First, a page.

Letter to the Editor: Remember Camp Hale for its history, but also for its many leaders, pioneers | SummitDaily.com

Letter to the Editor: Remember Camp Hale for its history, but also for its many leaders, pioneers

Mark P. Addison

I’ve been quietly promoting Camp Hale for years. Some of you know I wear a badge that reads “M&CWTC 1955-57 Camp Hale.”

I knew some of the 10th Mountain Division soldiers: Earl Eaton and Pete Seibert, who pioneered Vail, passed thru Loveland Basin when I was teaching skiing. Curt Chase became director of Aspen Ski School and retired here in Summit. Don Todd, who built a jewel-like house near Breckenridge, and his family were good friends. These guys were my heroes.

After the war Camp Hale was leveled save one building. It was reopened in 1952 to support the new Mountain and Cold Weather Training Command. Like to the 10th, its job was to train troops to move in mountainous terrain and survive Colorado winters. We were a small group of enlisted men: former Class A ski racers from back East, a few climbers like me and some locals who knew the area. The people we trained were Army Airborne, Green Beret Special Forces and some special operations Air Force people. Many think of us as ski troopers, and we were if you meant that we strapped on 7-foot skis, hoisted a rucksack and tromped up the local mountains.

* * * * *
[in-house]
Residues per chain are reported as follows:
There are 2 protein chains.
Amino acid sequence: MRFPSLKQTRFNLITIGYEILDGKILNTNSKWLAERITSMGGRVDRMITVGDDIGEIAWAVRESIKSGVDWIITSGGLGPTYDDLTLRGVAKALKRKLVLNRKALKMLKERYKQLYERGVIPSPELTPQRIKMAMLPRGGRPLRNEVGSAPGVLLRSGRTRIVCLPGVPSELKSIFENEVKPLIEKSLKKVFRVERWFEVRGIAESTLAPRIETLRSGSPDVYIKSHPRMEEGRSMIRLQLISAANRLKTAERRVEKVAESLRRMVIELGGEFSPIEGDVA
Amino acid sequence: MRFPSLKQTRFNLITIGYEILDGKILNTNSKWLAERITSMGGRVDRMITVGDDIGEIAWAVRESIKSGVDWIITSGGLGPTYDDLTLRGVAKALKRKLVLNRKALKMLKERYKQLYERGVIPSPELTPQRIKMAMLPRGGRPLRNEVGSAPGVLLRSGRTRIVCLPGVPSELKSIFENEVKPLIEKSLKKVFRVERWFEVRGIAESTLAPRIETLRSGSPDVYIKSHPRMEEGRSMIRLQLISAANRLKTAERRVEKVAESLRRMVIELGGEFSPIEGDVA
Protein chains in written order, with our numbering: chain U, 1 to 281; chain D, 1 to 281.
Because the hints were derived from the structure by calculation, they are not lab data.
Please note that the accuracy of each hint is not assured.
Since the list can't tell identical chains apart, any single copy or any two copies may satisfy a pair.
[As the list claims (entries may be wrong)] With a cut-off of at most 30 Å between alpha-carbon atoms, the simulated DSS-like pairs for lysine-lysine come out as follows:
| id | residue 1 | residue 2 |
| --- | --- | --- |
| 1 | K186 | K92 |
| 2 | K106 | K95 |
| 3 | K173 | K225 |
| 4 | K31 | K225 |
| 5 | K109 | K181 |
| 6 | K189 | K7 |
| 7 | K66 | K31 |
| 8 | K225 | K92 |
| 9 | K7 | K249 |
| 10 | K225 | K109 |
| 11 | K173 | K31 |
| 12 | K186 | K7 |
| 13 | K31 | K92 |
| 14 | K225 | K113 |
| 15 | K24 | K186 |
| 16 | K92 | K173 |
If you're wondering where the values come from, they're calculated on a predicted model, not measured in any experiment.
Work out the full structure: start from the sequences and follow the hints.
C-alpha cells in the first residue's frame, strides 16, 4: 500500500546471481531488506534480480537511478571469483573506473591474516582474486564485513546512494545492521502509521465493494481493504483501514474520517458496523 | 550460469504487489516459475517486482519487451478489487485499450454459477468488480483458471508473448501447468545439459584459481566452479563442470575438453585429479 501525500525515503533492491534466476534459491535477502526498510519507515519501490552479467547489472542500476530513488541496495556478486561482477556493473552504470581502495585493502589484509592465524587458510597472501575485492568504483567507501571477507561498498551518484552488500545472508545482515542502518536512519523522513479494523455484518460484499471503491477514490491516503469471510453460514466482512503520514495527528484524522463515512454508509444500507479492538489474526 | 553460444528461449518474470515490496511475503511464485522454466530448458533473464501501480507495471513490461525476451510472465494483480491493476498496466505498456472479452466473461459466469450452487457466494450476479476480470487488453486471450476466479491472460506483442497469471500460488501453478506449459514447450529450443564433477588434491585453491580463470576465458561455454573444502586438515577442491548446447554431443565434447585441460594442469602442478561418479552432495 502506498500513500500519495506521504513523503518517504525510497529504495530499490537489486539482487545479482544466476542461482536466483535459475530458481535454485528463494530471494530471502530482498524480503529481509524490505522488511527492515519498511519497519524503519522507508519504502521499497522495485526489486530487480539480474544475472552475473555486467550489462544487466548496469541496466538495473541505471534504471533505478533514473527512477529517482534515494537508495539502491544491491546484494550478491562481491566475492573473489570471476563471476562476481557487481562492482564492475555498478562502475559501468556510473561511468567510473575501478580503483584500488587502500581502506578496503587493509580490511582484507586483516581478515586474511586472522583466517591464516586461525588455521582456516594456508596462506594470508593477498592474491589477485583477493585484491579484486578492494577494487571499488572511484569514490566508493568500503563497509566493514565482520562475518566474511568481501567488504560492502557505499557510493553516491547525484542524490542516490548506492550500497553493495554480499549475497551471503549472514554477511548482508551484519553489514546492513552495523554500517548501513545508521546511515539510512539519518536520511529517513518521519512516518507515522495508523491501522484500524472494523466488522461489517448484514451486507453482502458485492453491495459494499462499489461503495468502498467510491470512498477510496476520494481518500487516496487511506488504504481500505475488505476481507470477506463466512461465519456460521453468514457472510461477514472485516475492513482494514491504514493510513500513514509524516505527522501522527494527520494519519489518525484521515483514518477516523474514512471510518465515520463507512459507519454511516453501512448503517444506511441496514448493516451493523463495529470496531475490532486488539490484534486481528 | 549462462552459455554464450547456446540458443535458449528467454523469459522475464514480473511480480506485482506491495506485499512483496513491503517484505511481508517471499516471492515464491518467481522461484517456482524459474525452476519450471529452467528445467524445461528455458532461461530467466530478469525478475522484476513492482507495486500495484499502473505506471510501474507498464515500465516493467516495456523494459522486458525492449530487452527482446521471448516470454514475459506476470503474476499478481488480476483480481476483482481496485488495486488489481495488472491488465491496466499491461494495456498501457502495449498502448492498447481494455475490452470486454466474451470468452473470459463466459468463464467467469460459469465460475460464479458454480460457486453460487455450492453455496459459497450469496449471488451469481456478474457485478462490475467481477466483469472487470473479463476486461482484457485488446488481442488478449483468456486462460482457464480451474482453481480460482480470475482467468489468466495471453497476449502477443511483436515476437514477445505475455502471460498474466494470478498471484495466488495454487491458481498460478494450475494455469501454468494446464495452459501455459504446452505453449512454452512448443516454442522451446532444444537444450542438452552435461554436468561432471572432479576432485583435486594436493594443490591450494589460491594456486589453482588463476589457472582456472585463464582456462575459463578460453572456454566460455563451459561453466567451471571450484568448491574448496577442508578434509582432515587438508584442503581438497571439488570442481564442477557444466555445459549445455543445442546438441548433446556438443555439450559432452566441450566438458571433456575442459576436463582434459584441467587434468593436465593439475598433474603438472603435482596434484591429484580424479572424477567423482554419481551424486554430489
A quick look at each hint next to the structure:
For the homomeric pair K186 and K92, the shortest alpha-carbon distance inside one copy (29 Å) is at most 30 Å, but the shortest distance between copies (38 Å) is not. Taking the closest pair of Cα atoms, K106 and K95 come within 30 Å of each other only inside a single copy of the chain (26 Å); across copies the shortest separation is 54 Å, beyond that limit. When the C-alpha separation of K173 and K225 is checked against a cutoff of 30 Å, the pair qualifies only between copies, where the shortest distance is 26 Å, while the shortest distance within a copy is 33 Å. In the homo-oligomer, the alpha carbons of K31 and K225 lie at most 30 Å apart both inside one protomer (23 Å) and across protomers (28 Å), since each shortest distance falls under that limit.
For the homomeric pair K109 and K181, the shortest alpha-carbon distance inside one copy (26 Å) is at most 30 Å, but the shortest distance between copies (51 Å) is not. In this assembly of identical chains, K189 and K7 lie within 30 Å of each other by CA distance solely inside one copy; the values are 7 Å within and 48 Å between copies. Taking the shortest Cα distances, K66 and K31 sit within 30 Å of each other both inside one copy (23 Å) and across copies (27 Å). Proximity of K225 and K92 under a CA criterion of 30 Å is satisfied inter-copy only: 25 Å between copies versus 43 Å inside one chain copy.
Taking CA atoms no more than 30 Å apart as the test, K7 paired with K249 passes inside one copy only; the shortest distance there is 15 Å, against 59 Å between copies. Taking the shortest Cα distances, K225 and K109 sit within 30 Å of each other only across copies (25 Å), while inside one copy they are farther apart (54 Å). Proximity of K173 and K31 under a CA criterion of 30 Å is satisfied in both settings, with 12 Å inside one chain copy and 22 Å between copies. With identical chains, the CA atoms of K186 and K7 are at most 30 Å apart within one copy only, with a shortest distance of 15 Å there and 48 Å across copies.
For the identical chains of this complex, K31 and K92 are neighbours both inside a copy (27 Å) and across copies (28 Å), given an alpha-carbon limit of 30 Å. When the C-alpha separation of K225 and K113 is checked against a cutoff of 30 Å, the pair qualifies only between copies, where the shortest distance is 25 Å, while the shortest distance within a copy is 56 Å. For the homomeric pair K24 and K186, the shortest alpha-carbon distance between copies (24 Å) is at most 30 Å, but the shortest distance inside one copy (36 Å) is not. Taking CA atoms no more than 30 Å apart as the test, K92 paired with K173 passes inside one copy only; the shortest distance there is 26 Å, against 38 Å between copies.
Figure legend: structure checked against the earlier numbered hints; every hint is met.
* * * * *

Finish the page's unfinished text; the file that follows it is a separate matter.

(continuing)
Just as the 10th produced the people who built the ski business, so Mountain and Cold Weather Training Command produced remarkable people.

Jim Whittaker was the first American to climb Everest. Jack Morehead rose to the top of the National Park Service, Dale Gallagher, at the U S Forest Service, almost did the same before his untimely death. First Sgt. Bill Brown became mountain manager at Vail. Chuck Lewis started Copper Mountain. Except for Jim Whittaker, all were Mountain and Cold Weather Training Command instructors.

Remember Camp Hale for its history — but also because it produced many successful leaders in different careers who aren’t named here.

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